ALBANY – New York will become the first state to make tuition at public colleges and universities free for middle-class students. The tuition initiative is part of a new $153 billion state budget approved Sunday by the state Senate, a day after the Assembly approved it.
Governor Andrew Cuomo proposed the tuition plan, which will cost an estimated $163 million. In-state students whose families earn $125,000 or less will be eligible.
The budget also includes provisions allowing the ride-hailing apps Uber and Lyft to expand upstate, which could be allowed as early as July 8. The budget also raises the age of adult criminal responsibility from 16 to 18 and includes a renewed 421a subsidy for real estate developers.
Locally, both the city of Jamestown and Dunkirk will also both benefit from the budget.
State Senator Catharine Young (R-Olean) is announcing a $5 million budget allocation for the National Comedy Center in Jamestown. In addition, Jamestown will receive a one-shot injection of funding $2.5 million to help fund initiatives that will real in annual spending in the financially strapped city.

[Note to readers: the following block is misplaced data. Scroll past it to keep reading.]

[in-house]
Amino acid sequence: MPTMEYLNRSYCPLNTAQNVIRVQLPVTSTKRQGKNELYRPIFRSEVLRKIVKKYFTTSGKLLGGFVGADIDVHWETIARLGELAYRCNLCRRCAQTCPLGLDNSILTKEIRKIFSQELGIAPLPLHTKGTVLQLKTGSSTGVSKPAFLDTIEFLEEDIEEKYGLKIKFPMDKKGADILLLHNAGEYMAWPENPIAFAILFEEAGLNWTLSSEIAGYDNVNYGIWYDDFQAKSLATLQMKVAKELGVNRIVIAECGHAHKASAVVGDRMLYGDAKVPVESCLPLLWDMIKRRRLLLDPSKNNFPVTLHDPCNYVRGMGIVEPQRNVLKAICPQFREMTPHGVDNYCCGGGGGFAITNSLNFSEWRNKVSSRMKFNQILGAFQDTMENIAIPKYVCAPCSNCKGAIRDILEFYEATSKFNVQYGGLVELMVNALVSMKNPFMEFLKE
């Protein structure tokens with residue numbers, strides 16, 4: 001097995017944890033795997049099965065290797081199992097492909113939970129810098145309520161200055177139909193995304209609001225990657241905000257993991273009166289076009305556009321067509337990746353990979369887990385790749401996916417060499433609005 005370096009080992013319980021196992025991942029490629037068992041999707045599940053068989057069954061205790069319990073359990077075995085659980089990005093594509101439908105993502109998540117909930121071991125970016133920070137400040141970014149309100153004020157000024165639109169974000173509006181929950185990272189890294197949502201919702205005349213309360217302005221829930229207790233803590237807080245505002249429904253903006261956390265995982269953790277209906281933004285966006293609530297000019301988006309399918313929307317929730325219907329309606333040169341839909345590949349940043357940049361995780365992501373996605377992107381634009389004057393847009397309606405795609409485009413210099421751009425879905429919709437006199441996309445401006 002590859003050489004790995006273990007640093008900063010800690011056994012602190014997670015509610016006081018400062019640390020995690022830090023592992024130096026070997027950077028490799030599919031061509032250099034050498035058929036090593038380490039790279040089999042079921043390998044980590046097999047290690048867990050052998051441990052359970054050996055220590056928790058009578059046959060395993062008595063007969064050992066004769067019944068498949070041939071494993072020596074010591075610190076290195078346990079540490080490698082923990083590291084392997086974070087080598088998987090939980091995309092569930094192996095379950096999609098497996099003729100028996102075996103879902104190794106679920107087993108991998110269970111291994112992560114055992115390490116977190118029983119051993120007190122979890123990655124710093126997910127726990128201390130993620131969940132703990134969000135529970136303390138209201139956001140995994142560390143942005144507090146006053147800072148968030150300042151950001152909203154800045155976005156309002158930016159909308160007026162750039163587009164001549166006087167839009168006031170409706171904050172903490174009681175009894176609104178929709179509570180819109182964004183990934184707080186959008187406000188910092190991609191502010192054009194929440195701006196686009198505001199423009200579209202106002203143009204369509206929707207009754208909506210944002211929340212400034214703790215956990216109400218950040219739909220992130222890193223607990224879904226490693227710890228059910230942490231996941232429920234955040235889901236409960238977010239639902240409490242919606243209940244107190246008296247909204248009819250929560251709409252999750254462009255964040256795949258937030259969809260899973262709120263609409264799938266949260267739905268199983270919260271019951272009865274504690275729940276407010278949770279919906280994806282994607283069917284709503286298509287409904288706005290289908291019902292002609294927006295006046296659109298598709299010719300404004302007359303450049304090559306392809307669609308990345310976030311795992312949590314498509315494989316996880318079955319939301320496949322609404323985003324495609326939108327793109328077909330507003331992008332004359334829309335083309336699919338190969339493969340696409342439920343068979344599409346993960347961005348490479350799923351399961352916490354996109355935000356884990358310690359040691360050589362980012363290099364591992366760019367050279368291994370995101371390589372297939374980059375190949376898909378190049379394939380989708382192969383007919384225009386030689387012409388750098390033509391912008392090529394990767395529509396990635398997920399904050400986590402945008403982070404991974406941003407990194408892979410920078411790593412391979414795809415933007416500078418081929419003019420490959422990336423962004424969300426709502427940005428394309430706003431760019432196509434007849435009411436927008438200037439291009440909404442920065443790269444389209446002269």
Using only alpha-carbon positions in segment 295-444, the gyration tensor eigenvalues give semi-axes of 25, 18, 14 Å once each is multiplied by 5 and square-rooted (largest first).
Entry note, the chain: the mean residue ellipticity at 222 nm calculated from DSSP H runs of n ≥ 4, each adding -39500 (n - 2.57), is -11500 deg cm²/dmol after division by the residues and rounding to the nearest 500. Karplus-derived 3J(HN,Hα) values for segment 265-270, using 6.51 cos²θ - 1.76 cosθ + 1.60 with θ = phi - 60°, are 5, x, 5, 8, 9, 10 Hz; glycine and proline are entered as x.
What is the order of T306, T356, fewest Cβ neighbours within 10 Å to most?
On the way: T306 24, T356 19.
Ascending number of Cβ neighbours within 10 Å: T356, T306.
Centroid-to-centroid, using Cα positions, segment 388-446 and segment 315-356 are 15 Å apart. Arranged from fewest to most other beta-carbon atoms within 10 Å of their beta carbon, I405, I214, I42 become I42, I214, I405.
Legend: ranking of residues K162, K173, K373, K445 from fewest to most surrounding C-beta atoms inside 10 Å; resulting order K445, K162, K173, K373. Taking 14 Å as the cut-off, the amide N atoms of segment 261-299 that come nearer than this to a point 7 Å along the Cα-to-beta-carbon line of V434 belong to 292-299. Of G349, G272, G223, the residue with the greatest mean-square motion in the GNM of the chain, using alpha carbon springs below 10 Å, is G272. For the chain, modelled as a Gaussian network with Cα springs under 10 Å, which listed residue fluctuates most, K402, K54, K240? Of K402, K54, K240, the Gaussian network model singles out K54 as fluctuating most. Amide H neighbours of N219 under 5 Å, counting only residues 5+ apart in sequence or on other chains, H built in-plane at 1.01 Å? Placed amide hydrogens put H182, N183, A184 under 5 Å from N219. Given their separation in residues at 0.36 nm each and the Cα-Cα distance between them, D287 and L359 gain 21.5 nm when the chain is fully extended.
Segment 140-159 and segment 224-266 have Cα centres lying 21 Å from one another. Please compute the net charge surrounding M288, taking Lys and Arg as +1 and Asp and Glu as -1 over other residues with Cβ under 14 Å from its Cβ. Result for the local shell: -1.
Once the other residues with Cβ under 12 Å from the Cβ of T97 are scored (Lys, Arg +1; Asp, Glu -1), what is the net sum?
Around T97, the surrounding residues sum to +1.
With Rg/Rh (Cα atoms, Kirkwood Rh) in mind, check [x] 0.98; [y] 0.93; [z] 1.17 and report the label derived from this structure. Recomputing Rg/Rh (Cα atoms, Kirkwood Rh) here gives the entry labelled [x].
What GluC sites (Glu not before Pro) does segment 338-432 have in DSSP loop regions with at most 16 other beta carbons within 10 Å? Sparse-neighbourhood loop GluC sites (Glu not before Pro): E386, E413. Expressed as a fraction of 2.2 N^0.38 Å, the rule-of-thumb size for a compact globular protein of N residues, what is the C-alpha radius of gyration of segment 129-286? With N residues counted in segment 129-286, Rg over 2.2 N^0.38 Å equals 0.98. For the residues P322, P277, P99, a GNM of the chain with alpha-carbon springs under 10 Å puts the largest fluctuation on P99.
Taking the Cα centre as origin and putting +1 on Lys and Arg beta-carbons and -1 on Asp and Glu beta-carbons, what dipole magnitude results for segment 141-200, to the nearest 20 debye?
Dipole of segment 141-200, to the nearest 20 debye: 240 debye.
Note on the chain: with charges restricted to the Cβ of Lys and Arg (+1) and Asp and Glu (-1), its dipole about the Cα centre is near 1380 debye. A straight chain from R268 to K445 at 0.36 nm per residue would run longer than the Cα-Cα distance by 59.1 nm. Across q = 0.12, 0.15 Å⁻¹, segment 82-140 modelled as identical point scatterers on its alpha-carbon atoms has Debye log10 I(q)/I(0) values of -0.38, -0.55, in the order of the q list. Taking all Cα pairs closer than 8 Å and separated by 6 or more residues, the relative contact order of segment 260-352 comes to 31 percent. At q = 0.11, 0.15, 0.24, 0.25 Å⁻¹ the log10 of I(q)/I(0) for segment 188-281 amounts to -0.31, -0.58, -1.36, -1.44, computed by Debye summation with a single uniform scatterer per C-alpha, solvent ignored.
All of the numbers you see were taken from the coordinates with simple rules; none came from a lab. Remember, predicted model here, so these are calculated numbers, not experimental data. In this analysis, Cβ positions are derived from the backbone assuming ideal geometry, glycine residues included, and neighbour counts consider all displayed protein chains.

Both the city of Dunkirk and the Dunkirk school district will also likely receive state aid as the community continues to wait for the conversion of the NRG power plant, which is the largest source of tax revenue in the county and is located in Dunkirk. The newly adopted budget includes $45 million for the power plant mitigation fund, and calls for the mitigation fund to be extended from five years to seven. Sen. Young said she will work directly with the Governor to secure the necessary amount from the fund to help close the gap for the city, school and county as NRG works to complete its conversion. Chautauqua County, the City of Dunkirk and the School District had estimated an $8 million loss of revenues in 2017 without the state aid available through the mitigation fund.
School districts will also benefit from the new state budget, with overall state aid going up by 7.4 percent, or $18.4 million over the current year. Jamestown’s final overall increase will be 8.2 percent, or just over $5.2 million. With building aid excluded, the increase is 7.3 percent.
The complete state aid runs can be found online at www.budget.ny.gov.
The budget was due by April 1 but passage was delayed by difficulties in negotiations.